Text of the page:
A citizens watchdog group has filed a complaint with the FBI demanding an investigation into hundreds of thousands of dollars in pharmaceutical and medical company stock held by Vice President Mike Pence’s chief of staff.
Marc Short is playing a “prominent role” in the federal response to COVID-19 even as he stands to gain from investments in the very companies that may be involved in government contracts, according to Citizens for Responsibility and Ethics in Washington.
“There is reason to believe he may have violated” the primary federal conflict-of-interest law by “participating personally and substantially in particular matters affecting companies in which he holds stock,” said a letter from CREW sent to FBI Director Christopher Wray on Wednesday.
NPR reported last month that Short owns between $506,043 and $1.64 million worth of stocks in companies doing work related to the Trump administration’s pandemic response. Short even declared some of his holdings a potential conflict of interest after joining Pence’s office last year, but he did not sell them after he was denied a capital gains tax break in the event of a sale.
Short has claimed he is skirting conflict of interest issues by recusing himself from specific matters that could bolster his investments. Yet CREW wrote Wray that the “breadth of his investment portfolio casts serious doubt as to whether recusal is feasible.”
The White House press office reported earlier this year that Short was expected to attend meetings in March and April regarding the COVID-19 response with representatives from United Health Group, CVS, Johnson & Johnson, Pfizer, Walmart and Disney — all companies in which Short has investments, CREW noted. Photos have shown him attending those meetings, according to CREW.
He and his wife also own stock in 3M, Abbott Laboratories, Gilead Sciences, Procter & Gamble, Medtronic, Bristol Myers Squibb, Thermo Fisher Scientific and Roche, NPR reported.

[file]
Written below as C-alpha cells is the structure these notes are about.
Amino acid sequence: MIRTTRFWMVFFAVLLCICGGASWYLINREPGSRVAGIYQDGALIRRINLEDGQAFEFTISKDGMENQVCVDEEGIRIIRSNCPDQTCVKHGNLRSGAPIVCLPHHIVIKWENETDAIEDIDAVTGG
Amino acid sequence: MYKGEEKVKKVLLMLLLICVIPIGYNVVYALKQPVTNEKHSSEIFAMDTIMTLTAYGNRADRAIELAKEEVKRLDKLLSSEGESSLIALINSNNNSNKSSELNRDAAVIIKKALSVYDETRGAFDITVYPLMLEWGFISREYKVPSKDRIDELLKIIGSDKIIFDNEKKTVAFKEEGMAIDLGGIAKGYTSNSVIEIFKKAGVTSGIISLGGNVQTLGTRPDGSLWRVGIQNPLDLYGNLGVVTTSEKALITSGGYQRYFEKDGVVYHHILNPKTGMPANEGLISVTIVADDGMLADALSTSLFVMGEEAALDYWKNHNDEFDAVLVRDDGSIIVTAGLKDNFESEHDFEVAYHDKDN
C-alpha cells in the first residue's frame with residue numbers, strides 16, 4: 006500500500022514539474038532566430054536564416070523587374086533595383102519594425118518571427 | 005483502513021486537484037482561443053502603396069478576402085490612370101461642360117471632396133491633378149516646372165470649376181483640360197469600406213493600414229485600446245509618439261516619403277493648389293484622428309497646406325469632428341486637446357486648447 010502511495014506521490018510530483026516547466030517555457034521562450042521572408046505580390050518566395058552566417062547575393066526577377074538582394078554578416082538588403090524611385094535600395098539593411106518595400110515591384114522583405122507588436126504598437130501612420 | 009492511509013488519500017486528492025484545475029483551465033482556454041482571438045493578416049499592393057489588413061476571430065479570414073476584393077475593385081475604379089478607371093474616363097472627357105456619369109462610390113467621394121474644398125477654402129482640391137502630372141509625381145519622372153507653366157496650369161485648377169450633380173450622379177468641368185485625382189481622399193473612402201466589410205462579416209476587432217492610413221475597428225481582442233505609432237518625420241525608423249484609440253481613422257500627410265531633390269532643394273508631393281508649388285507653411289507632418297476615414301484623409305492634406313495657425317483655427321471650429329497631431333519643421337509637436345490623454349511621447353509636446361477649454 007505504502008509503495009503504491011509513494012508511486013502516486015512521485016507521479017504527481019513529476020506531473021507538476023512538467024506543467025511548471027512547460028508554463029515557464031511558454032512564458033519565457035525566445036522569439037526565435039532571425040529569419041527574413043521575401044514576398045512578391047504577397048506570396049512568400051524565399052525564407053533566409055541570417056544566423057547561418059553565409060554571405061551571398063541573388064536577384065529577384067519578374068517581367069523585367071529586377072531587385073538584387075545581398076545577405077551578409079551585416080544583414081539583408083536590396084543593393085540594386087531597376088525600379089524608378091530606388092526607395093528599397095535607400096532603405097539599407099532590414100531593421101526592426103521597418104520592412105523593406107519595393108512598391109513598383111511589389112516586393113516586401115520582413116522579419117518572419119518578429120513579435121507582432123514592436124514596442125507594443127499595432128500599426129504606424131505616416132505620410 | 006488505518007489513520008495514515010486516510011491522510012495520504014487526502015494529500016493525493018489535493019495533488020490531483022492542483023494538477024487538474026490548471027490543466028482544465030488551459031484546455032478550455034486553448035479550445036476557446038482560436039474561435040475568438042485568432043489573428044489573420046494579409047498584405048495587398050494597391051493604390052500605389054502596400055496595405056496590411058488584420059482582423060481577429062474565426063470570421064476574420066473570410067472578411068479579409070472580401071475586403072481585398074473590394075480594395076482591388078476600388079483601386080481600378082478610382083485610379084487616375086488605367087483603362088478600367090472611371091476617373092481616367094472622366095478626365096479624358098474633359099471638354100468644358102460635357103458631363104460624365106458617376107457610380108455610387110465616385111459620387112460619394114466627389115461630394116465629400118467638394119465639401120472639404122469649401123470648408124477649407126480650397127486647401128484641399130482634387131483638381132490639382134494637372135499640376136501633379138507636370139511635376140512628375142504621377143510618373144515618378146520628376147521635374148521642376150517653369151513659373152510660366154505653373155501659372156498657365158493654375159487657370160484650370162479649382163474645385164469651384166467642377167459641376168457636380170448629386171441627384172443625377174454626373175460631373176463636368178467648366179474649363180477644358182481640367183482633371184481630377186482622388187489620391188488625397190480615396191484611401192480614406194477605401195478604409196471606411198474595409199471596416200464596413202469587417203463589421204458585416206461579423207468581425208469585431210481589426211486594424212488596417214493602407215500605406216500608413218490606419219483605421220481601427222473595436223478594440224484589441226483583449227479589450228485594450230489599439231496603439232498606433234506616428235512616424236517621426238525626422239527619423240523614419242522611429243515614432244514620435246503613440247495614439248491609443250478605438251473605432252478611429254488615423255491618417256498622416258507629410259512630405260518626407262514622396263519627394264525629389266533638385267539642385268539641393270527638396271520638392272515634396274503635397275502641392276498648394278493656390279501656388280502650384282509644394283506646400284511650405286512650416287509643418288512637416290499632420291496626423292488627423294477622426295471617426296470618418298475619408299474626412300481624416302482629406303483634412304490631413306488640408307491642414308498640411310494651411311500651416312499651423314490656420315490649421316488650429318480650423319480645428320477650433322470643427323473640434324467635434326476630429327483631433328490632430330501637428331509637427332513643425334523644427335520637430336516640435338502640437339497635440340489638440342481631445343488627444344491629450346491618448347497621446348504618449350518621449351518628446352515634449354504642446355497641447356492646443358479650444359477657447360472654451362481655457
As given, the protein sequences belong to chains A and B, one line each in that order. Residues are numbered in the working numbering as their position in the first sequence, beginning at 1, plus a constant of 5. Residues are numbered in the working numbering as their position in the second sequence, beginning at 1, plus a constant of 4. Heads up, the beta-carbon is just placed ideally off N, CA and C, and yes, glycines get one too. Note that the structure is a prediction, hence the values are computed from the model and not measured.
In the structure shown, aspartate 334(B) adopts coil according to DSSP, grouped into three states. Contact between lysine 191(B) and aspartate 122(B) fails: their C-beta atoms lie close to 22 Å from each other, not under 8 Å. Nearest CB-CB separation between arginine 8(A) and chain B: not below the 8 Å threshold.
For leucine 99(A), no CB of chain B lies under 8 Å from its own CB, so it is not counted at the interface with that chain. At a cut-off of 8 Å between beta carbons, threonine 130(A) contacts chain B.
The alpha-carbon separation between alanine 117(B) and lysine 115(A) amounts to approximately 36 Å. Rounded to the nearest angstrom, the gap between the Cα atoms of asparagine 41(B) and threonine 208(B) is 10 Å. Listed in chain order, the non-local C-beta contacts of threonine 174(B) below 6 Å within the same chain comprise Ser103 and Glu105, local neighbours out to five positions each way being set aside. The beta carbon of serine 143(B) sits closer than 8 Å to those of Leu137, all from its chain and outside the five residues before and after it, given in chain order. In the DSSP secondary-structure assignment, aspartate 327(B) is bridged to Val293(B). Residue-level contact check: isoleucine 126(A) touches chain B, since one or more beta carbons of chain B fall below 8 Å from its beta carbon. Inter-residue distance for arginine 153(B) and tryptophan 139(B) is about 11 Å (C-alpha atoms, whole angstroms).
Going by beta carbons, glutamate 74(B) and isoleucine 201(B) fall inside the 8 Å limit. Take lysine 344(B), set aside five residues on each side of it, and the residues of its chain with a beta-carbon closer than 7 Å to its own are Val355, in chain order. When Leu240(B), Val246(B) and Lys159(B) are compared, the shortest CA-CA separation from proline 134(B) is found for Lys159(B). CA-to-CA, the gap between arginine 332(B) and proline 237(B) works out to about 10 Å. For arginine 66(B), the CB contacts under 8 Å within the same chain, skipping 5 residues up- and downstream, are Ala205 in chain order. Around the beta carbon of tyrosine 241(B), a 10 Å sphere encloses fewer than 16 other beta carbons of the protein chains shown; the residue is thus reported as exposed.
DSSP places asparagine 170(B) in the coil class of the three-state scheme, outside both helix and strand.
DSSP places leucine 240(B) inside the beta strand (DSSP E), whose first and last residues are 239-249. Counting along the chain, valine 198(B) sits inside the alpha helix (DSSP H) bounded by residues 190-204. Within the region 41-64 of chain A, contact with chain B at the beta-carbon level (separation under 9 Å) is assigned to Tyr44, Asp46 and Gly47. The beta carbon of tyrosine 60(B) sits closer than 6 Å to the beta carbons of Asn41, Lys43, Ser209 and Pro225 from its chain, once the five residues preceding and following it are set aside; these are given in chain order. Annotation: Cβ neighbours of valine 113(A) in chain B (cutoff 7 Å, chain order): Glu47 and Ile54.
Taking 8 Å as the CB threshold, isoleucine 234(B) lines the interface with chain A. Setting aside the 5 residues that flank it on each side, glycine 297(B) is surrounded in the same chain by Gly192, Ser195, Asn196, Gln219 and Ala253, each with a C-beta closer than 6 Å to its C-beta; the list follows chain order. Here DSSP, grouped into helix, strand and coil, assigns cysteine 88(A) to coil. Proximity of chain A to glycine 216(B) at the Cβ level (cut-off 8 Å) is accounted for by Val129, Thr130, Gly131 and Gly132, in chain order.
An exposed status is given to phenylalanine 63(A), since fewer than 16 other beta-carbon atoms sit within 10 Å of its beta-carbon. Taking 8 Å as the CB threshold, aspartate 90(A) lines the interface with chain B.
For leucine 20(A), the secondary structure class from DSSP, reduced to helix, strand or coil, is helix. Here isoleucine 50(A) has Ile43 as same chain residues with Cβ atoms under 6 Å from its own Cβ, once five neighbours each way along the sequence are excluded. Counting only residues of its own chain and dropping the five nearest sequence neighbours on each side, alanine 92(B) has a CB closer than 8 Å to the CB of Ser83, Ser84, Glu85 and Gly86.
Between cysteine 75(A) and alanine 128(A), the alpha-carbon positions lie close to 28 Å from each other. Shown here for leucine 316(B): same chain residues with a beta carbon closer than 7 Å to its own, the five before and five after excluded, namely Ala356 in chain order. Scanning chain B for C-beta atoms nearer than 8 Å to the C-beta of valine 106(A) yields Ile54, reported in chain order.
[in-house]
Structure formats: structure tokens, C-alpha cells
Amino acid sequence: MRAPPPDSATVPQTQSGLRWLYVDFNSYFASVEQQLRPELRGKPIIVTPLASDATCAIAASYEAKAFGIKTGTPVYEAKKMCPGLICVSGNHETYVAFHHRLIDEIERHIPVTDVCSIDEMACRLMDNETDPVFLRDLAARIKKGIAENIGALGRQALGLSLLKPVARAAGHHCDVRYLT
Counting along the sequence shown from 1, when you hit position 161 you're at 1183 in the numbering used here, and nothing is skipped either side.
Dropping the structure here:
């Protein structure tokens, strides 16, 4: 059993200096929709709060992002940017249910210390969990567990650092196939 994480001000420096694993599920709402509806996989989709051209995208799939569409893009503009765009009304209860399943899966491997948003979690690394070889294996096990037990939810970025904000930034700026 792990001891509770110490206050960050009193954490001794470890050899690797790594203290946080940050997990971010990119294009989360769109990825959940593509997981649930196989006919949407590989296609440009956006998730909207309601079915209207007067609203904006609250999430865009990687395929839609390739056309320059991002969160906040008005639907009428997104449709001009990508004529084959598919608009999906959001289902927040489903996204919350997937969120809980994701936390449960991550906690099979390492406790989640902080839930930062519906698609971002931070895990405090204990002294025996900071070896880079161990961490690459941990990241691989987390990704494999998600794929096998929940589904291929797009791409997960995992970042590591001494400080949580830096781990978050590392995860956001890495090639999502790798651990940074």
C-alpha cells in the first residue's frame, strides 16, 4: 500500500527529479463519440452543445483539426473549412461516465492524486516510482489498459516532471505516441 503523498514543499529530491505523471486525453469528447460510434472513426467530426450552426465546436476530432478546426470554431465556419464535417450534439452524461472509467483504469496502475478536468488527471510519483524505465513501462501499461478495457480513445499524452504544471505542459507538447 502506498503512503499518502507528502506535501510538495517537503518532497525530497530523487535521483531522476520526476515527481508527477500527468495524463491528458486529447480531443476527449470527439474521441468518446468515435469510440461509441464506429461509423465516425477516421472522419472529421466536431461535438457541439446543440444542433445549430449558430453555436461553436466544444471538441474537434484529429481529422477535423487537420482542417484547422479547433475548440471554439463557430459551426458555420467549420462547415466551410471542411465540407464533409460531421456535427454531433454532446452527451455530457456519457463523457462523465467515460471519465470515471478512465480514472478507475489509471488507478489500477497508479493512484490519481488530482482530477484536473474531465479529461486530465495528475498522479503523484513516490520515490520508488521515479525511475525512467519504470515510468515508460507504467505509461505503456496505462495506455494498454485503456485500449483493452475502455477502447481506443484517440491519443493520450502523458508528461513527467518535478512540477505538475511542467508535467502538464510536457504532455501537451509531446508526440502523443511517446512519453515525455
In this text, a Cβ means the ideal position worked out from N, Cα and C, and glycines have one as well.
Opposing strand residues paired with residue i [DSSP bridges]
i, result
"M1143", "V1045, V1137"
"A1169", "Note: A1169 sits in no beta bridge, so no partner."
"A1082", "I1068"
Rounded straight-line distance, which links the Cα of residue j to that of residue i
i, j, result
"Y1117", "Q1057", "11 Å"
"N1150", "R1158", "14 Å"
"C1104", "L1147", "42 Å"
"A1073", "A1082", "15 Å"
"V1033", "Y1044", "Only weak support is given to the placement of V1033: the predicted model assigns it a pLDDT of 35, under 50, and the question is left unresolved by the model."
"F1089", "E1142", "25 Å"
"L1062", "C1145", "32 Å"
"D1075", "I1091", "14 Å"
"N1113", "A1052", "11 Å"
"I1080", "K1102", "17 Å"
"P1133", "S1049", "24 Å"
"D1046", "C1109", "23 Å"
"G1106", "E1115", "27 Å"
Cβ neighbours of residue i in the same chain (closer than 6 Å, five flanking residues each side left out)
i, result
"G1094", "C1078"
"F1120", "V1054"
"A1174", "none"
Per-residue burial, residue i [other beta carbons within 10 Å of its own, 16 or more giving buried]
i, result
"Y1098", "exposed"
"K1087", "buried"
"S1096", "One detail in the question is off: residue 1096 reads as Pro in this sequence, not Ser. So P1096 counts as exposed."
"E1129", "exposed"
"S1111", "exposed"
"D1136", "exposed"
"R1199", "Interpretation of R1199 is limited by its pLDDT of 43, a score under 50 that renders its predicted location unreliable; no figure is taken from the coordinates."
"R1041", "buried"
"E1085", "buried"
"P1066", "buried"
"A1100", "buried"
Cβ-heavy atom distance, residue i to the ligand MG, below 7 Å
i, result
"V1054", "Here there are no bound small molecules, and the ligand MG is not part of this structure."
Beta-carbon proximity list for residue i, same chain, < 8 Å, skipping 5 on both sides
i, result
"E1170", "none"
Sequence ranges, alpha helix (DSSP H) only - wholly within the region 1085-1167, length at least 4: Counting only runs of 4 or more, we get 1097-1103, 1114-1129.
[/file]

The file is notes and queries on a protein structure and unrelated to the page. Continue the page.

Several of the companies have been dealing with the White House and have even been touted by the Trump administration for their work with the government. Short himself gave a shoutout to Honeywell for manufacturing respirator masks during an interview with reporters in March (see the video above). He owns between $50,000 and $100,000 worth of Honeywell stock, NPR reported. President Donald Trump visited the Honeywell plant in early May.
Pence spokesman Devin O’Malley told NPR last month that Short has “followed all applicable ethics laws.” After the establishment of the coronavirus task force, headed by Pence, Short has “worked with legal counsel to implement appropriate recusals,” according to O’Malley.
But CREW Executive Director Noah Bookbinder said in a statement that while Short “helps craft and guide the government’s coronavirus response efforts, he appears to have maintained financial interests that could be affected by those efforts — and could influence his decision-making on important issues.”
The law requires executive branch employees to resolve conflicts of interest before participating in any decision — or even deliberations — affecting companies or specific industries in which they have investments, NPR noted. Violations can trigger civil and criminal penalties.
Under federal conflict-of-interest laws “an employee is prohibited ... from participating personally and substantially in an official capacity in any particular matter in which, to his knowledge, he or any other person specified in the statute has a financial interest, if the particular matter will have a direct and predictable effect on that interest.”